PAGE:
Five Pillars of Financial Freedom: What does IRA stand for?


Hey Freedomites! So I have to say, I am a fantasy football addict. I am just in that mood, hence the picture above. Thank you for indulging me – now let’s get to it.

Be honest did you think IRA was short for individual retirement account? If so you aren’t alone – it actually stands for individual retirement arrangement. Before we jump into IRAs, make sure to check out my prior posts in this series starting with the Intro. We have covered how avoiding bad debt, owning a home, and investing in your retirement plan at work are key to your pursuit of Financial Freedom. Alright, let’s do some IRA lifting and get pumped!

There are two types of IRAs – a Traditional IRA and a Roth IRA. But before we dive into the details, if you do not have an IRA and you want to open an IRA, it is simple. I have always used TD Ameritrade so I am biased. I am certain there are other wonderful online brokers, but I have had a great experience with TD Ameritrade. I will say that the commissions are around $5, which isn’t the cheapest option. However, I think it is worth it to be able to have access to TD Ameritrade’s trading platform, ThinkorSwim, as well as the educational materials on the site. Last, TD Ameritrade has always been much better for me around tax time than some discount brokers I have used. Oh, and that is not an affiliate link – I don’t get paid if you click on it.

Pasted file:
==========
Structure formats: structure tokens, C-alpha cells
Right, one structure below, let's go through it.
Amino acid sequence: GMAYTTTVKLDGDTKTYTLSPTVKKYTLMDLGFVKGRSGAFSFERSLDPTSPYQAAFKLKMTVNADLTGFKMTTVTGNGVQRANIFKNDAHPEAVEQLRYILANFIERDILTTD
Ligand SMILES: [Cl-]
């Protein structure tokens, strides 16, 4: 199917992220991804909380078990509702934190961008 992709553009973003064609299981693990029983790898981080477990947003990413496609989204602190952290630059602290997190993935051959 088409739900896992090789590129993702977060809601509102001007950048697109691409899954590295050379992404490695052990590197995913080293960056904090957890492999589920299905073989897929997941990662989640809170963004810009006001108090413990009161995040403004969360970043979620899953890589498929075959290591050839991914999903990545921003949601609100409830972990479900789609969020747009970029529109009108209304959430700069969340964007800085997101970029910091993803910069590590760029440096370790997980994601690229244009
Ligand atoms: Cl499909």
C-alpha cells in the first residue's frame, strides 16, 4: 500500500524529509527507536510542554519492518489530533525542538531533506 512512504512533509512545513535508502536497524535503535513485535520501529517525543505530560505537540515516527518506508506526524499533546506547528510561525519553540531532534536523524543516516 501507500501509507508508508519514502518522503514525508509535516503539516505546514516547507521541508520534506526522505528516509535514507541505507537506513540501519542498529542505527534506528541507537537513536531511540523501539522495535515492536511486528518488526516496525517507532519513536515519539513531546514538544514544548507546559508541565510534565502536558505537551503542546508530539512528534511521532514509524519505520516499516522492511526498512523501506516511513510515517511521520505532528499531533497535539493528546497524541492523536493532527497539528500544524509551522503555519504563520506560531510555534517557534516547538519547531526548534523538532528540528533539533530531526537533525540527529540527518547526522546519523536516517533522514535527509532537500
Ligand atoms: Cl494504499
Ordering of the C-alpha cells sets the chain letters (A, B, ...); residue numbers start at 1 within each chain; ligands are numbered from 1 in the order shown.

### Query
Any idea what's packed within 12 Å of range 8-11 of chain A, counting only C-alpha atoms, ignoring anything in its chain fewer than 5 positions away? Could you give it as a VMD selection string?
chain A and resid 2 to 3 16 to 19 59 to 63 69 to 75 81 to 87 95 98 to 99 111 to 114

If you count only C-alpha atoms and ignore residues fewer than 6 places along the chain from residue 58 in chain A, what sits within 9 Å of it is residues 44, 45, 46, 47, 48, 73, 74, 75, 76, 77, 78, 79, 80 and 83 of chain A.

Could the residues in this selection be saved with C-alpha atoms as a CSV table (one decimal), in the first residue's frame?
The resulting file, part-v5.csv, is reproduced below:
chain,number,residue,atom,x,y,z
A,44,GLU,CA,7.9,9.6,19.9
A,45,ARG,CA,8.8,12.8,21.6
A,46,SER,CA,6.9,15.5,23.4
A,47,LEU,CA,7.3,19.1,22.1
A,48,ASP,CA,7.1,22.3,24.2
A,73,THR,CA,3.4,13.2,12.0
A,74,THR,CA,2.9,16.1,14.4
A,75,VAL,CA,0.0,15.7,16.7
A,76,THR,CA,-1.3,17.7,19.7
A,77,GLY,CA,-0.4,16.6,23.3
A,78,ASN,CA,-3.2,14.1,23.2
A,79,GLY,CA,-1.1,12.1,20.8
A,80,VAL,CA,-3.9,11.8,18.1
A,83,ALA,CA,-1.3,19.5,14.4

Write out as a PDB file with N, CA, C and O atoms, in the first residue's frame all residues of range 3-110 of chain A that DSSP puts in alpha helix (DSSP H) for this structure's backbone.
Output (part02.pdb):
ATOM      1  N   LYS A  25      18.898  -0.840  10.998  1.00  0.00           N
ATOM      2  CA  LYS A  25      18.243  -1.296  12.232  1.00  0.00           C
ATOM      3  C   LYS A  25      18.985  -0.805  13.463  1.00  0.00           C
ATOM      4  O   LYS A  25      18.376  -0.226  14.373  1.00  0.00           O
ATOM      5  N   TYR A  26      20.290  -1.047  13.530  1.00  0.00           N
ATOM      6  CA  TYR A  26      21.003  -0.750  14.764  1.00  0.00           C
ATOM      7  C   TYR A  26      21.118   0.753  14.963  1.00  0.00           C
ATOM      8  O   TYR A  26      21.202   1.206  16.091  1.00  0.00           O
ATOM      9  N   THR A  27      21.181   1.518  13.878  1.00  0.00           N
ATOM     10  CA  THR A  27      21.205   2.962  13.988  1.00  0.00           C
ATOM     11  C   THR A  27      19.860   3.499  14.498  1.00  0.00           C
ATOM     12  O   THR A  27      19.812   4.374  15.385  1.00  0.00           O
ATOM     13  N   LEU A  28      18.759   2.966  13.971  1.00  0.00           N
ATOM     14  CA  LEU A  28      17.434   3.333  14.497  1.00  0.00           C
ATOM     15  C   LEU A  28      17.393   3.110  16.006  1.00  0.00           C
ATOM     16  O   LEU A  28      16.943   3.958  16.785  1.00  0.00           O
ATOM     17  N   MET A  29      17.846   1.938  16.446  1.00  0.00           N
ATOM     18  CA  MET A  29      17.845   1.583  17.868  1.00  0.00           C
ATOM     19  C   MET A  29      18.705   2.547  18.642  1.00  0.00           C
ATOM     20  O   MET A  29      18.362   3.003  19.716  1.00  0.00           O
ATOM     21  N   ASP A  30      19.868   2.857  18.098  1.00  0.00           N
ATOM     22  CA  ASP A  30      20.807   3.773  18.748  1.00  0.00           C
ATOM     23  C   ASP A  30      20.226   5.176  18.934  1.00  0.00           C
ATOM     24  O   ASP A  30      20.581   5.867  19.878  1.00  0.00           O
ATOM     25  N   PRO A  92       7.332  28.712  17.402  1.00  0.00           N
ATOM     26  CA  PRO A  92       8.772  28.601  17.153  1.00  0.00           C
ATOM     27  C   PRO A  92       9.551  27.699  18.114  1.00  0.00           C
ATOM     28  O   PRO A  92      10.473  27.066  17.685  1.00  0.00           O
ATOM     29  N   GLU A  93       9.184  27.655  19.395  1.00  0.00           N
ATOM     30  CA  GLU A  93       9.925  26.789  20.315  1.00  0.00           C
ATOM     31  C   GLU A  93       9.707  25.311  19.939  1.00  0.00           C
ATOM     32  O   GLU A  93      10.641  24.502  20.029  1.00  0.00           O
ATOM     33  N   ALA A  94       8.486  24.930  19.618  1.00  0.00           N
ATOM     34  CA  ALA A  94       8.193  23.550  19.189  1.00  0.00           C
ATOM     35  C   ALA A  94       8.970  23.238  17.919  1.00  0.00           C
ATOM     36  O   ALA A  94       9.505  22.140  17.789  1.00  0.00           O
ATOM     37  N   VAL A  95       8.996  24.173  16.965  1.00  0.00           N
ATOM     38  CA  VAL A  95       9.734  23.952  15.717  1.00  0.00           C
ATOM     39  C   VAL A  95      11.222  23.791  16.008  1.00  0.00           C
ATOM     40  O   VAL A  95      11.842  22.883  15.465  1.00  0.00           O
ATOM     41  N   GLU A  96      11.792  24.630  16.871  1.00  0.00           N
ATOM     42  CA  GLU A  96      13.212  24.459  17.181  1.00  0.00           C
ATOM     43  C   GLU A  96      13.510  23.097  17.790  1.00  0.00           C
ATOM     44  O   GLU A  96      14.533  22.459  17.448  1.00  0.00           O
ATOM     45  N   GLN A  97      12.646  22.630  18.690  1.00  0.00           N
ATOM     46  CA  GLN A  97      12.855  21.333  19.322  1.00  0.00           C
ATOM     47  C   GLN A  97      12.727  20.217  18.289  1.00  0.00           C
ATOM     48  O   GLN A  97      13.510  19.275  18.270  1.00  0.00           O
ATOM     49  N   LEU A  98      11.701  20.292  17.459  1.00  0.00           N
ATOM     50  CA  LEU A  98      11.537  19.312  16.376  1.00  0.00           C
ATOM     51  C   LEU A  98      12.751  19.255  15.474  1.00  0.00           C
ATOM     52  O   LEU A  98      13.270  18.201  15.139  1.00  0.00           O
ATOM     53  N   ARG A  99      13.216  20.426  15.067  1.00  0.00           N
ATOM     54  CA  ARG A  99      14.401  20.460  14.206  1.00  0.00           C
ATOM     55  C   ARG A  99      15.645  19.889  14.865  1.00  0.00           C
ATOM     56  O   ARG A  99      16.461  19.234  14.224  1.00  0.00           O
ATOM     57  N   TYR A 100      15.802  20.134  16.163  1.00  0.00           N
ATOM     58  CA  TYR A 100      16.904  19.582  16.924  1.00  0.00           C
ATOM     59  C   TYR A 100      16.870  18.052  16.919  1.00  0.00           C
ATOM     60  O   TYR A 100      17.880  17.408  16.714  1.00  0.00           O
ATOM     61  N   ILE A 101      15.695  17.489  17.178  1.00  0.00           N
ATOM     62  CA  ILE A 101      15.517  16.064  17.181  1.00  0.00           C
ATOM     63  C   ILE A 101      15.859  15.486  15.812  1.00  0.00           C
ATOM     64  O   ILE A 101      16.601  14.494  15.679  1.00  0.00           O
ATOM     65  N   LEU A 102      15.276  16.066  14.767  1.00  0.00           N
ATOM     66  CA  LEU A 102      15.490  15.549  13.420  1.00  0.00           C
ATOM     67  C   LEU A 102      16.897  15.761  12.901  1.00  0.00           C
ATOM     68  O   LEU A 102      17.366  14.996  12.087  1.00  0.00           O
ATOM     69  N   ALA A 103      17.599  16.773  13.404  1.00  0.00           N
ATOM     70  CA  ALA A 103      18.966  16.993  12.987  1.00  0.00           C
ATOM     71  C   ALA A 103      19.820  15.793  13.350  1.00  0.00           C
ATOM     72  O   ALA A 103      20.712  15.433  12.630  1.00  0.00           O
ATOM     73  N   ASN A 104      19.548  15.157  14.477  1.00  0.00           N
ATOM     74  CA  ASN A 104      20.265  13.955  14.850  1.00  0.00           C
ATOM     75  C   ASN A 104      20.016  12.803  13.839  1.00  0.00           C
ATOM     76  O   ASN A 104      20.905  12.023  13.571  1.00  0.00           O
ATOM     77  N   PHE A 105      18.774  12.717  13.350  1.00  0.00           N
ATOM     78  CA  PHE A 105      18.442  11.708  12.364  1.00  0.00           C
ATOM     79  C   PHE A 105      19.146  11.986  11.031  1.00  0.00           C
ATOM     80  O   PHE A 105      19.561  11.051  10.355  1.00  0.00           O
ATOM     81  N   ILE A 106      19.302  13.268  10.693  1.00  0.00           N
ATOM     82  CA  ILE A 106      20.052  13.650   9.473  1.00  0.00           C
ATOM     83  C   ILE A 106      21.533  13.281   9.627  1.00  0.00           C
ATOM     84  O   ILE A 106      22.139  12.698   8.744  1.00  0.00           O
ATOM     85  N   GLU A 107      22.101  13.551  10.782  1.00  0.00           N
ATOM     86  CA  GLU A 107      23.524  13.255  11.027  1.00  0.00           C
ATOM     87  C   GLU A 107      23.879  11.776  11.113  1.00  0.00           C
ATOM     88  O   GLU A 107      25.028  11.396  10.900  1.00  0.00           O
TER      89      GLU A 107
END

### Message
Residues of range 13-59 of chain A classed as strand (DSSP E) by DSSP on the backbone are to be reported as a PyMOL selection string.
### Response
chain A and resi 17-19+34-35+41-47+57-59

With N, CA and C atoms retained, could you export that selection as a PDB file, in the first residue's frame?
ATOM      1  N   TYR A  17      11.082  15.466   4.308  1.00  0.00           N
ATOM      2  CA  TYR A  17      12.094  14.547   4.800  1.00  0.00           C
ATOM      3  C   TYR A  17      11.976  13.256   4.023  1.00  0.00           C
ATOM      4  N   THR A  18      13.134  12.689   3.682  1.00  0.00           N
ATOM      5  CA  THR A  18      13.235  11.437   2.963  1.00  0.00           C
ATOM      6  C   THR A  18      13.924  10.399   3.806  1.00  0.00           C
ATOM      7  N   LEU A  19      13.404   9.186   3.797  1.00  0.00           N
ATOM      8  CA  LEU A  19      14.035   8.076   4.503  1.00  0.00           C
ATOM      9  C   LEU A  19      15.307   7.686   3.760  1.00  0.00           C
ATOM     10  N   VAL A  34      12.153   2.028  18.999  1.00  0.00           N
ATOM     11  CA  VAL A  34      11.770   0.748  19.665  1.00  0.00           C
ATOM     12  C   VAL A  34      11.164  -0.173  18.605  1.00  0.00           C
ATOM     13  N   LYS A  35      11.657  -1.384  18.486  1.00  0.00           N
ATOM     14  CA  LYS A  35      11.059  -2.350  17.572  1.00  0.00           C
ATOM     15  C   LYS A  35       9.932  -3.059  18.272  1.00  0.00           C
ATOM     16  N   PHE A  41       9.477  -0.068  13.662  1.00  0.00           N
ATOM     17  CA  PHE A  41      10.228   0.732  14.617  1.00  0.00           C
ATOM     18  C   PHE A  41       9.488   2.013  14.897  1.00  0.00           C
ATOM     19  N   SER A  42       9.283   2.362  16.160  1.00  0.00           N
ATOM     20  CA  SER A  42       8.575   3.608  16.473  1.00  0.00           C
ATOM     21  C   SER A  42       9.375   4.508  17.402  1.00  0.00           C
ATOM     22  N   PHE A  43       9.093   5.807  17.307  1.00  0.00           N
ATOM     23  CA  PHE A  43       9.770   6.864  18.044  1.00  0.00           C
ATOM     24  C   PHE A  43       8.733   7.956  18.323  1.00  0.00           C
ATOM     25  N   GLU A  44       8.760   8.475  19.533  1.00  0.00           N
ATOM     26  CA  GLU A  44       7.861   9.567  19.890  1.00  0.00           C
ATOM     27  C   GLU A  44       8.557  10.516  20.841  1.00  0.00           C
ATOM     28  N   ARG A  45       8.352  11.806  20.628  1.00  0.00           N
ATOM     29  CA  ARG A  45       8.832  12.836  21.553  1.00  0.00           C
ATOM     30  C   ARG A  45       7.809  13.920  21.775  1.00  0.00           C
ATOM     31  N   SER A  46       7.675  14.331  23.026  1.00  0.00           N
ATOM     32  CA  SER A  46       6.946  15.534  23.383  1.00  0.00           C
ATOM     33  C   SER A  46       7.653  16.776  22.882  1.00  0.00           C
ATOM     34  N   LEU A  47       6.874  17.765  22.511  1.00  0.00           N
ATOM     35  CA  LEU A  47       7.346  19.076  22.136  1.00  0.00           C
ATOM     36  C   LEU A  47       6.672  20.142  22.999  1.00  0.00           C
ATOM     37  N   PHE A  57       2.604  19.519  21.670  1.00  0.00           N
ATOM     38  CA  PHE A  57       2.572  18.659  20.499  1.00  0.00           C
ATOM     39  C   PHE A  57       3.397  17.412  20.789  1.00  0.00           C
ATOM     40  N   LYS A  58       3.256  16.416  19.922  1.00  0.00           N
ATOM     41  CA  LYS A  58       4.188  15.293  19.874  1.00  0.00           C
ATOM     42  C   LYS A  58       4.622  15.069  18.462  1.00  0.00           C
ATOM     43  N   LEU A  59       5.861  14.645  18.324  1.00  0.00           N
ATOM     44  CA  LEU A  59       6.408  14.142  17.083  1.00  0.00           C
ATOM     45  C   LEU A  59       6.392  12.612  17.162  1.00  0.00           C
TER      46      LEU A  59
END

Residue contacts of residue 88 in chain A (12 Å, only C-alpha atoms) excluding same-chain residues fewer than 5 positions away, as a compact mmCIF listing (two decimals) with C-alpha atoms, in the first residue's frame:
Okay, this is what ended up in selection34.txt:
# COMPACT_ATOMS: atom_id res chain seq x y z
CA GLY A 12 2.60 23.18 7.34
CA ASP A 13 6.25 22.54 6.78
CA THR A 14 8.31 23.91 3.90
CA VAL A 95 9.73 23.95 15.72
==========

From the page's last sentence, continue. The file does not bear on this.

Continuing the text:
So you are ready to open your IRA, now what? Glad you asked – you need to decide whether to open a Traditional or Roth IRA, or both. The Traditional IRA allows you to contribute money and receive a deduction (this is what is referred to as pre-tax money). In a previous post, I talked about the value of a deduction and commented that if you do not itemize your deductions, then the mortgage interest deduction is not actually reducing the taxes you pay. This IRA thing is a totally different animal. The deduction you receive for your contribution to the Traditional IRA is what is known as an “above the line” deduction. That means that the deduction reduces your total income. This means that regardless of whether you itemize your deductions or take the standard deduction you still get the benefit of the deduction for a contribution to your IRA because it reduces your total income.

Here is an quick and dirty tax lesson. Your income tax is calculated as follows:

Add all income to determine your TOTAL INCOME.

Take your total income and subtract off “above the line deductions” to determine your ADJUSTED GROSS INCOME.

Take your AGI and reduce by “below the line deductions” (i.e. standard deduction or itemized deductions – think mortgage interest) to reach your TAXABLE INCOME.

Taxable Income is then used to calculate the actual tax you should pay for the year.

As you can see, we love, love, love above the line deductions because they reduce your adjusted gross income dollar for dollar, which in turn can push you into a lower tax bracket and means you play less income tax.